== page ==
Field Notes: From Oklahoma

Author(s): Michael Baldwin
Photographs by: Provided

Oklahoma summer skies

Oklahoma summer skies.

Whenever I talk about weather forecasts, I like to paraphrase the late statistician George E.P. Box: “All forecasts are wrong, but some forecasts are useful.”

My motivation for going out in the field this spring to launch weather balloons near thunderstorms was to find ways to get more of our forecasts into the “useful” category, especially those related to hazardous weather conditions.

I joined the Purdue team led by Prof. Jeff Trapp and graduate students Logan Dawson and Joe Woznicki just after Memorial Day, near the middle of our data collection period for the Mesoscale Predictability Experiment (MPEX).

It took a couple of very hectic days in the panhandles of Oklahoma and Texas for me to “learn the system” of collecting data from our mobile sounding equipment as well as coordinating with the other teams from Colorado State University, Texas A&M and the National Severe Storms Laboratory to maneuver everyone toward the best position possible in order to safely launch balloons within a few 10s of kilometers of potentially dangerous thunderstorms. For the most part, this was exhausting work with many long hours of driving interspersed with a frenzy of balloon launches, checking the latest radar data, frustrating attempts at communication in areas with little to no cell coverage, followed by quick decisions of where to go next to safely prepare the next balloon launch.

We collected data on several days with very interesting weather events and expect to learn a great deal from those data. One event in particular, the El Reno, Okla., tornado of May 31, showed us that we have so much more to learn, not just about how the atmosphere works, but also how best to communicate forecasts of weather hazards as well as about how people respond to those forecasts. Our team was positioned just to the south of this storm, too far away for us to see the actual tornado, but close enough to see firsthand some of the traffic congestion associated with people either trying to flee the storm, or view it with their own eyes.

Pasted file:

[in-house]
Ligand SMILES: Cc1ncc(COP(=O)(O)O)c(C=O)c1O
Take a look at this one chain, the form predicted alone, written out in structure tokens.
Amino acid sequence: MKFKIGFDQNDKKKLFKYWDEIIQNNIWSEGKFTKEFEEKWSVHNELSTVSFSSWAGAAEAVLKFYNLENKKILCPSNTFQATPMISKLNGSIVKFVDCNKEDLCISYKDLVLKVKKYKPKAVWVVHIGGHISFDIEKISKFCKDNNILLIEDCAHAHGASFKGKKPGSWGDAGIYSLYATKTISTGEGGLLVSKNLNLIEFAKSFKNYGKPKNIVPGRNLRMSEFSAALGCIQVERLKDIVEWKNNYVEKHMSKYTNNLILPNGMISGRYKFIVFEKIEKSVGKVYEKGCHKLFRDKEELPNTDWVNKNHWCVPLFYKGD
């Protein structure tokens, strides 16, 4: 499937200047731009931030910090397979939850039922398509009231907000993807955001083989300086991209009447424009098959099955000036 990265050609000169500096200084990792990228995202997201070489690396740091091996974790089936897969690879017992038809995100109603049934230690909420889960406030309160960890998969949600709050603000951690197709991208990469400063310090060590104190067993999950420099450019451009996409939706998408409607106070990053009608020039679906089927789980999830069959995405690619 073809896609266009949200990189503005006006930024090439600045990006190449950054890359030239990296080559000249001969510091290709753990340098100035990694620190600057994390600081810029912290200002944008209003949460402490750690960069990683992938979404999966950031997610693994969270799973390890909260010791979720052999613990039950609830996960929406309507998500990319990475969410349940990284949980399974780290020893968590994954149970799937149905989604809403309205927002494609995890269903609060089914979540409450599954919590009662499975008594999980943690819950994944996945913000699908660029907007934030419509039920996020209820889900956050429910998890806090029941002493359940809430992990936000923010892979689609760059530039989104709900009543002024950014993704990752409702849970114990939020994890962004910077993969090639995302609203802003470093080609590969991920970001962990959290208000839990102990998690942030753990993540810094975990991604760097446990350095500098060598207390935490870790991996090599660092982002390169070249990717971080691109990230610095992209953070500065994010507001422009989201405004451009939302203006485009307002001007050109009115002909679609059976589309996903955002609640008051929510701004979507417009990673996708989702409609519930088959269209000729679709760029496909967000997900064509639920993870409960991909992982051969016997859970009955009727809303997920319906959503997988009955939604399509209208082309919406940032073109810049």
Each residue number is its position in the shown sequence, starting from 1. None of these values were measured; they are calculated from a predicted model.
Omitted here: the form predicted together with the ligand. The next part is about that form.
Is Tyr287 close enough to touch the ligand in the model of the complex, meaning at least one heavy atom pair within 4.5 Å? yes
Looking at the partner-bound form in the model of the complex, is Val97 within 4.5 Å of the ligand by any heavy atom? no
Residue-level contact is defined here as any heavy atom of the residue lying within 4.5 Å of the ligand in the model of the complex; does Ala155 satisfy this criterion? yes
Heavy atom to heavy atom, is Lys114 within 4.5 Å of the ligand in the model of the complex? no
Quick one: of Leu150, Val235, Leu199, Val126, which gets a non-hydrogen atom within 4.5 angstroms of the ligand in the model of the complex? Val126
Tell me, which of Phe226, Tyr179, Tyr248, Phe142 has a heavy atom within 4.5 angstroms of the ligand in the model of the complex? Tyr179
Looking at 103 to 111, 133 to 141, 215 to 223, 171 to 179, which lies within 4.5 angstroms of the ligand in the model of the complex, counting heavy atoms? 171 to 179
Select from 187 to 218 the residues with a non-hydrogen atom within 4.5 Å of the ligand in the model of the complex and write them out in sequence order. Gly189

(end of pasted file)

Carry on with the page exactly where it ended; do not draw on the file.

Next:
Oklahoma double rainbow

Oklahoma double rainbow.

Eight people were killed by this tornado (all of them in vehicles) including three respected “professional storm chasers” –– Tim Samaras, Paul Samaras and Carl Young.

There were many unusual aspects to this storm, including multiple circulations that may have contributed to the “left turn” that caught many of these storm chasers off guard, leaving them in the direct path of the violent — and super rare — EF5 tornado.

As the storm moved closer to the Oklahoma City metro area, thousands of people attempted to flee its path, possibly due to their fresh memories of the devastation caused by the tornado in Moore, Okla., just 11 days earlier. As a result, major interstate highways were turned into virtual parking lots due to the congestion. Luckily, the storm weakened before it passed through the congested areas, otherwise the death toll probably would have been much higher.

OK balloon launch

Balloon launch 2

Launcing weather balloons around severe storms in Oklahoma.